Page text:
If you left on bad terms, say so. It is better that a potential employer find out this information from you up front than later in a reference check with a previous supervisor.
You may have only a small box on the application to enter your explanation, so be careful how you write your reason. If space is available and it is appropriate for the situation, explain what you learned from that experience.
When a job posting requires more than a completed application form, the organization is telling you that they will use these additional materials to make the hiring decision.
If you omit these materials, the hiring manager is missing information to compare you with other applicants. Therefore, the hiring manager will throw out applications that do not include all the required attachments.
Failing to Tailor Application Materials to Each Job
When you apply for a job, you want to show the hiring manager that you are the right fit for the job. The best way to do this is to tailor your qualifications to the knowledge, skills, and abilities listed in the job posting.
Whether accurate or inaccurate, failing to do this shows the hiring manager that you do not care enough about getting the job to spend the time to thoughtfully consider what the job entails and how to show that you can do it.
Experienced managers can spot a person’s base cover letter. If you don’t take the time to write a new cover letter or at least edit your default one, why should a hiring manager take the time to read what you send in for every other job?
Hiring managers want new hires that are a good fit for the position and will stay for a reasonable amount of time.
Someone with a doctoral degree and 20 years of experience in academic research who applies for an administrative technician position can obviously perform the tasks required for the job; however, this person is almost certainly a bad hire.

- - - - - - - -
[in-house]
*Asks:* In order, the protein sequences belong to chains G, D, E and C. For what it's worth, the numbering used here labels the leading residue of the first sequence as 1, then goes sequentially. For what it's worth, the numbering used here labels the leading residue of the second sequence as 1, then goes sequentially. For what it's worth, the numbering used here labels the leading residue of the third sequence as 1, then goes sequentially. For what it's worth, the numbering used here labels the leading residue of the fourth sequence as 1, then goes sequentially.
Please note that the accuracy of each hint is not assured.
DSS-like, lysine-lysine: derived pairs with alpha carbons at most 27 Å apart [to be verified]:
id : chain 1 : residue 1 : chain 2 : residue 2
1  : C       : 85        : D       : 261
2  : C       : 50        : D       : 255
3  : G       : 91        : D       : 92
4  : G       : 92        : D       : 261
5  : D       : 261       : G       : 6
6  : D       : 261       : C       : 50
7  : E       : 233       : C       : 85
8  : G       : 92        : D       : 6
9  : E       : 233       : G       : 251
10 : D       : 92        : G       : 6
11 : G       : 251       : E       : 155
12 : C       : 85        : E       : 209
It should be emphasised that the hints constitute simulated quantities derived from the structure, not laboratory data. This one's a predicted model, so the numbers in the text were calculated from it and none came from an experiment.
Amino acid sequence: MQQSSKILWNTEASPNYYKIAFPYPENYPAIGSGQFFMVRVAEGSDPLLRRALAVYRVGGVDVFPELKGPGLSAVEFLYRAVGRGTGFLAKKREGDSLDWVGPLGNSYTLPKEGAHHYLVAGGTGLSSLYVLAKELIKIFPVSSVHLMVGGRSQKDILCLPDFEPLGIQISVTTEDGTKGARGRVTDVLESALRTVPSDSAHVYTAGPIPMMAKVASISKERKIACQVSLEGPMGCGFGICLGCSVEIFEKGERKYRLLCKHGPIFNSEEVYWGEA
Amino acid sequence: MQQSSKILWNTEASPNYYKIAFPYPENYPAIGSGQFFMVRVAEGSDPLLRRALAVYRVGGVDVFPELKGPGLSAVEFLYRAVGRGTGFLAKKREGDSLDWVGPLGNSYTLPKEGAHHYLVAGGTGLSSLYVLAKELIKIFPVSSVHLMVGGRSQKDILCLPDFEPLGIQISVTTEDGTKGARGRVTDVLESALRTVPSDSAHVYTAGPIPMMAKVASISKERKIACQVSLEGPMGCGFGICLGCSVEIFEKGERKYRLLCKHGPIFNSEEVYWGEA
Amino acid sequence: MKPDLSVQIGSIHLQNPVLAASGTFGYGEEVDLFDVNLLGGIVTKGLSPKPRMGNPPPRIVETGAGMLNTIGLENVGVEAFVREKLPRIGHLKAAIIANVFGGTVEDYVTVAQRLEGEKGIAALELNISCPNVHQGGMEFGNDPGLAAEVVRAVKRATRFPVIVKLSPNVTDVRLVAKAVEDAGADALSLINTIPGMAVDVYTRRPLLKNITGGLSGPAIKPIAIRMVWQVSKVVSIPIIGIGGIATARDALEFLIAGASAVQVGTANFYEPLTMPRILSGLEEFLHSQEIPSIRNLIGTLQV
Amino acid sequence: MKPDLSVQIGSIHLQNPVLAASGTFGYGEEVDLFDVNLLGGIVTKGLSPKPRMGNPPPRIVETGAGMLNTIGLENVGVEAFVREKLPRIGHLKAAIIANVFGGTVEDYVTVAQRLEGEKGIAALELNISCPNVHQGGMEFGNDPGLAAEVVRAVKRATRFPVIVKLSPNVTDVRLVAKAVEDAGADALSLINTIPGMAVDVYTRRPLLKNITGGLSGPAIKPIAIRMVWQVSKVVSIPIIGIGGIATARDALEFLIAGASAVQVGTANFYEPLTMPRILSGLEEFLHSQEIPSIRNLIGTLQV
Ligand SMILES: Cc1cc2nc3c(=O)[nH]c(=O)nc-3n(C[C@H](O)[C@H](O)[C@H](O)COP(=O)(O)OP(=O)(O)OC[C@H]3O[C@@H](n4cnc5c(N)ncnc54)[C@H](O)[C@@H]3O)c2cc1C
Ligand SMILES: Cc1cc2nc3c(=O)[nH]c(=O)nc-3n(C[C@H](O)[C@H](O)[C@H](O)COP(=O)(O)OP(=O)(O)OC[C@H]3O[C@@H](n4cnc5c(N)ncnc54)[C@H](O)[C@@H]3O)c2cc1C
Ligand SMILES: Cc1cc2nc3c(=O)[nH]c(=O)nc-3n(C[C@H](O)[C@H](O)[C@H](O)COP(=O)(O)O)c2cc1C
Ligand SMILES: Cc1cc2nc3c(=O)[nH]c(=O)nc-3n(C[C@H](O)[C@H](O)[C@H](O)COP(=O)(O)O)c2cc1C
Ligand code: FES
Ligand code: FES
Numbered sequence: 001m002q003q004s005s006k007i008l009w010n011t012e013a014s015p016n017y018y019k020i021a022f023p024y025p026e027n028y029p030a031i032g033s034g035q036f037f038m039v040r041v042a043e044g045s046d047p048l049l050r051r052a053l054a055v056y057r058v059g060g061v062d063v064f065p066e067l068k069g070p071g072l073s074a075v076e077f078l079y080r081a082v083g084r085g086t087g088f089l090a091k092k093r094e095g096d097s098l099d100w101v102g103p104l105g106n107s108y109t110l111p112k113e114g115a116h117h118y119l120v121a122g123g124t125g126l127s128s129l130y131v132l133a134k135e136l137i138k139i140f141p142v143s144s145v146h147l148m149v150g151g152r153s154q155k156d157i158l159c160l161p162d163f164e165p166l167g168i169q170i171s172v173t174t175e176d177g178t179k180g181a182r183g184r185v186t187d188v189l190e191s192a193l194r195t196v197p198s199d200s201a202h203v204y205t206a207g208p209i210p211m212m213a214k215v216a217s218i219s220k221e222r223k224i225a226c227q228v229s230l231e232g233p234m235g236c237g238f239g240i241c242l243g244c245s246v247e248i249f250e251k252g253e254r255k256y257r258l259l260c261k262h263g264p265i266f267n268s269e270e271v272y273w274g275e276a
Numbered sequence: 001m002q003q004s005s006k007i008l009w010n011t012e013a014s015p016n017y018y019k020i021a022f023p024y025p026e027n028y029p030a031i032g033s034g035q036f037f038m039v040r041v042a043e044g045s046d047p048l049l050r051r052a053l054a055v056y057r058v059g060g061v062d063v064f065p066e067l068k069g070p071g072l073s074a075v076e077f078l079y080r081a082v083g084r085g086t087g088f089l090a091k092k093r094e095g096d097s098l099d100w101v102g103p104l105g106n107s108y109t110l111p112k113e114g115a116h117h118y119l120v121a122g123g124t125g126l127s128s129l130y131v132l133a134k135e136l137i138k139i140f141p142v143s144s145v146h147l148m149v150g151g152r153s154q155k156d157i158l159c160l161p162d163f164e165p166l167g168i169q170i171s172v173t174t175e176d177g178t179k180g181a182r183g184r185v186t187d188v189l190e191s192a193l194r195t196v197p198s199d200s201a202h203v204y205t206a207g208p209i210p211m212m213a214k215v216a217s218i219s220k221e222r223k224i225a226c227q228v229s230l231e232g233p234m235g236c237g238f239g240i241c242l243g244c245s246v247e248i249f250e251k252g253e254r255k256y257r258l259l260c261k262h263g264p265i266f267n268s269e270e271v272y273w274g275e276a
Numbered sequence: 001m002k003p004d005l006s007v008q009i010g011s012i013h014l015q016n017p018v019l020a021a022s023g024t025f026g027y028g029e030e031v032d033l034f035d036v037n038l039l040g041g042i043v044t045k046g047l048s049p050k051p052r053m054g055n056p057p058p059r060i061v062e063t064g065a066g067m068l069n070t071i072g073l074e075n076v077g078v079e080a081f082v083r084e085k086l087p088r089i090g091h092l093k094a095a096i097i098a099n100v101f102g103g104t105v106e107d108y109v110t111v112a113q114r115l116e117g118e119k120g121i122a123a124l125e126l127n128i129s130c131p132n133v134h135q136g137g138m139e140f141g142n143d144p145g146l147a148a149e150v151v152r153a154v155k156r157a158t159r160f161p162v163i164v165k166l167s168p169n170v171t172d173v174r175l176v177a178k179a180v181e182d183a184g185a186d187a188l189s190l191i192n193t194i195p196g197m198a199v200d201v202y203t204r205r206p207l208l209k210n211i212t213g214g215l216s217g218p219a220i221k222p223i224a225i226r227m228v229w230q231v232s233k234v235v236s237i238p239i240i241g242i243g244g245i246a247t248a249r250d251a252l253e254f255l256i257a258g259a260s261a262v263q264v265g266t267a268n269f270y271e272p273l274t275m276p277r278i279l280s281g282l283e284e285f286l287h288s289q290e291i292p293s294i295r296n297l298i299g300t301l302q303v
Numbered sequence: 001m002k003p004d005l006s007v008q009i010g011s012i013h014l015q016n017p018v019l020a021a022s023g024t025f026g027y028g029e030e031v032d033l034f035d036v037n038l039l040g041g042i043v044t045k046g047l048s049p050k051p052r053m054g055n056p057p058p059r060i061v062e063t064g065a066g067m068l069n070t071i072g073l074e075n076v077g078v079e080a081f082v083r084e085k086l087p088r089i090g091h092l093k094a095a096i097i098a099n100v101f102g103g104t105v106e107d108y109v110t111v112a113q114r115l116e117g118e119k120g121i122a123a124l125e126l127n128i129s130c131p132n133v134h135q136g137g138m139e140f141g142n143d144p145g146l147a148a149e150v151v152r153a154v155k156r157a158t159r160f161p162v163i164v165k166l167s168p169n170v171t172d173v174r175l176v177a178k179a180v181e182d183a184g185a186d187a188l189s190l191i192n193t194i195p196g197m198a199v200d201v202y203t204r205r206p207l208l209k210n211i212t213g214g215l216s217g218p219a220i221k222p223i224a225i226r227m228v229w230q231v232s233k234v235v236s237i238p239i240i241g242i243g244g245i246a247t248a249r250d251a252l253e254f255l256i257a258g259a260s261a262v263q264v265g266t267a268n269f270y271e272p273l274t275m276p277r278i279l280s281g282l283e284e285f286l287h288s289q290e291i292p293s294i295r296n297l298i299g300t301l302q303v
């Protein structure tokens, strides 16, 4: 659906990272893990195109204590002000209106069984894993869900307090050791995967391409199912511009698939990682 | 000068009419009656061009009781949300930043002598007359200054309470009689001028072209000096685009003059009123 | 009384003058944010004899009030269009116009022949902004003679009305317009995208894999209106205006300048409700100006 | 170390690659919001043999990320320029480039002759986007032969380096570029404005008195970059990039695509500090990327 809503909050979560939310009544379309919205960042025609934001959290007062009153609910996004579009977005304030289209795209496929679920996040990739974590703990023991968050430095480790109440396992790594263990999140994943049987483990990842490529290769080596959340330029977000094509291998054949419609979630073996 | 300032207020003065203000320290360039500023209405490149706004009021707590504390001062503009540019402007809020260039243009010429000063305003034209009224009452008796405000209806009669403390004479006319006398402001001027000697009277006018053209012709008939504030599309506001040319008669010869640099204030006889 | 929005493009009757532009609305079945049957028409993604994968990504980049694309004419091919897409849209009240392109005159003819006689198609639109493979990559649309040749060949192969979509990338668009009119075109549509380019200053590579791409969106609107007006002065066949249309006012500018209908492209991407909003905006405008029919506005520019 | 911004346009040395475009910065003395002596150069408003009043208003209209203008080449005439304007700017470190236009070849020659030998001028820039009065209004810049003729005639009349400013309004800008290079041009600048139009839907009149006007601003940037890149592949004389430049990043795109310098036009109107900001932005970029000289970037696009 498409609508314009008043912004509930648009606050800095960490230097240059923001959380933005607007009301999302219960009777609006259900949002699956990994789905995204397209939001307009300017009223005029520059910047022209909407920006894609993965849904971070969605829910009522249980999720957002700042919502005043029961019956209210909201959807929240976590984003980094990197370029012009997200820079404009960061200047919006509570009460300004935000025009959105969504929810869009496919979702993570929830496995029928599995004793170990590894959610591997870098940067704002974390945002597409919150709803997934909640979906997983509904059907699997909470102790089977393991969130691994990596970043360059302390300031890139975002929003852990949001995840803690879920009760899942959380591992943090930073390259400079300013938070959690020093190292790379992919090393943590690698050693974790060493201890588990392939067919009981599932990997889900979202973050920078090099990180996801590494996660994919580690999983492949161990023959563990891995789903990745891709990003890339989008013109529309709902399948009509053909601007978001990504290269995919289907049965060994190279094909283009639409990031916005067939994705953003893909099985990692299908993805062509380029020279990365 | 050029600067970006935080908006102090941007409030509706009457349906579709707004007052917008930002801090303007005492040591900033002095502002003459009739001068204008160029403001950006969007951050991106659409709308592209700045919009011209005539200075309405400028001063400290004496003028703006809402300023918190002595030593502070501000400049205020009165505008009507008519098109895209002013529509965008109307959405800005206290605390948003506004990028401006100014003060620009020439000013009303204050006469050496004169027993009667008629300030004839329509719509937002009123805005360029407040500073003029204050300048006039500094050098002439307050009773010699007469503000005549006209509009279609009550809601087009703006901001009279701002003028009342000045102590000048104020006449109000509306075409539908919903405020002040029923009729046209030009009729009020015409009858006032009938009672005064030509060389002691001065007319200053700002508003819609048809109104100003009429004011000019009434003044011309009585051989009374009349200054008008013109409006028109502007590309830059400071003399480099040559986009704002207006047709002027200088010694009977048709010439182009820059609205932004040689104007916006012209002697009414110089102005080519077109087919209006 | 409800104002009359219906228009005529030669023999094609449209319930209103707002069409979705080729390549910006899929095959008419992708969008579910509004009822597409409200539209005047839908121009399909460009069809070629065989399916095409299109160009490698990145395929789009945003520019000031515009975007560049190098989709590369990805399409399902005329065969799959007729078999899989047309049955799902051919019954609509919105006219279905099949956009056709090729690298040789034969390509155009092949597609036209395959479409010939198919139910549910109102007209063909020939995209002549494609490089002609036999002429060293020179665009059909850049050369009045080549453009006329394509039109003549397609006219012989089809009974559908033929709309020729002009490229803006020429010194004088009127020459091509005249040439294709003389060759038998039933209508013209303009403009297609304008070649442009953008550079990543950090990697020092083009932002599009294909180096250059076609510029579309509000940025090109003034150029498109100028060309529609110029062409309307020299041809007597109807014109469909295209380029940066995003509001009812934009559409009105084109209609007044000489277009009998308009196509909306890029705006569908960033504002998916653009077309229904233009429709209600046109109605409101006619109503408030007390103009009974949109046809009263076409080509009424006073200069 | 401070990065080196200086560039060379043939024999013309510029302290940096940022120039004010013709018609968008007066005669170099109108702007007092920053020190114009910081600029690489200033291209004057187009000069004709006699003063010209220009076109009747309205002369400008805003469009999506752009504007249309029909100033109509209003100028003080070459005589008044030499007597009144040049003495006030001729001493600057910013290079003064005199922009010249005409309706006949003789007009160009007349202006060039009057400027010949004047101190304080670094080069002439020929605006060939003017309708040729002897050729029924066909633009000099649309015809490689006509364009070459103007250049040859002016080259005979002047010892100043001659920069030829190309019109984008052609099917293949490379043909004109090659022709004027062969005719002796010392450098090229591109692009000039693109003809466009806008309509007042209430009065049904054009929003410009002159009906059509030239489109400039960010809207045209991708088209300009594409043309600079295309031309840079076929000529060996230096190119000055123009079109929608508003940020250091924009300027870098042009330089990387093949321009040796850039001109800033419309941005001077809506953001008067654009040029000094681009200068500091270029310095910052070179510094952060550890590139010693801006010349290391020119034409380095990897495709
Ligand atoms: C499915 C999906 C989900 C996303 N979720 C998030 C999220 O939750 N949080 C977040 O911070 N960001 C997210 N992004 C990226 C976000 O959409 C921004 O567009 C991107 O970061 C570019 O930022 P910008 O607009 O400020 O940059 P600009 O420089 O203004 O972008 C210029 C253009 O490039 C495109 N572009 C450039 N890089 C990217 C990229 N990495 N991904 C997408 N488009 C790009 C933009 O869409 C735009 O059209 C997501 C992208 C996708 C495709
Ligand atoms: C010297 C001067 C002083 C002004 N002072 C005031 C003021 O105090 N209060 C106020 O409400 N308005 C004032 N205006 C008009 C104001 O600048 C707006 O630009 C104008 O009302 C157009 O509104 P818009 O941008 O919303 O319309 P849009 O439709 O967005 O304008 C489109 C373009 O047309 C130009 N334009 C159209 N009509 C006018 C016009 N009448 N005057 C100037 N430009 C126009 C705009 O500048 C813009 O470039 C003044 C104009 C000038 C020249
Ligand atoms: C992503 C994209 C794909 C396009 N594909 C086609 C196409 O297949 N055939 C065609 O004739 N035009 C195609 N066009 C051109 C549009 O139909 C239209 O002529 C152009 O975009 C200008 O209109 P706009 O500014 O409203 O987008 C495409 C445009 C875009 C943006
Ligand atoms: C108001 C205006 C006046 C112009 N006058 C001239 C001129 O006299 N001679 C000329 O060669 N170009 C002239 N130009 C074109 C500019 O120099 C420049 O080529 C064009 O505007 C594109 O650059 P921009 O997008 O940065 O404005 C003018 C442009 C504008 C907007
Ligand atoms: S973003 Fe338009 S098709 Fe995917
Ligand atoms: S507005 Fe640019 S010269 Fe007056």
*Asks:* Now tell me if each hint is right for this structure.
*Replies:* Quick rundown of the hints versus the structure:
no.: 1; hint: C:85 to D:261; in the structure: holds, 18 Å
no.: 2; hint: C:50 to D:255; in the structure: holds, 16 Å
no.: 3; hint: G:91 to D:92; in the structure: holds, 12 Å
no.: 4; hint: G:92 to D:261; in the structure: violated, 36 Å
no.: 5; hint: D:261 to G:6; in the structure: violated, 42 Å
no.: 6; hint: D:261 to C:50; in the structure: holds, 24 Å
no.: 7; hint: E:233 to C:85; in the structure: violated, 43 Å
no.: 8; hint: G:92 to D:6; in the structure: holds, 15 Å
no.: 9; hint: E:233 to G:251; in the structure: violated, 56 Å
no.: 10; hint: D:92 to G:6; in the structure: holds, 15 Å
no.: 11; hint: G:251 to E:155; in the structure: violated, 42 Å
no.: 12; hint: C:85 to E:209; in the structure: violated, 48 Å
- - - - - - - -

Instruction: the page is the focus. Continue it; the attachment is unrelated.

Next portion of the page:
Such an individual is overqualified for the position. This person would find the position boring and would begin looking for work soon after coming onboard.
Applying for a position far beneath your credentials looks suspicious. Hiring managers wonder what went wrong in previous jobs that cause you to seek for a job that appears beneath your abilities.
Applying to a Job You Are Obviously Unqualified For
Do not apply to be an astronaut if the last math class you took was Algebra II. Applying for a job you are obviously unqualified for wastes your time and the employer’s time.
If you do this consistently, you will develop a reputation for taking wild shots in the dark with your job applications, so when people see you apply for a job you’re qualified for, they’ll be less likely to take you seriously.
Leaving the Reader Confused
When hiring managers look at application materials, they want a clear and concise picture of what each candidate will bring to the job.
Using too many big words will bore readers and make them want to stop half-way. Be as brief as possible while giving a thorough explanation of your work history and why you would be good for the job.
Make sure that your ending and beginning dates for each job are accurate. A typographical error on a year will confuse readers. It could look like you have an unexplained gap in employment or that you held two jobs at the same time when you really did not.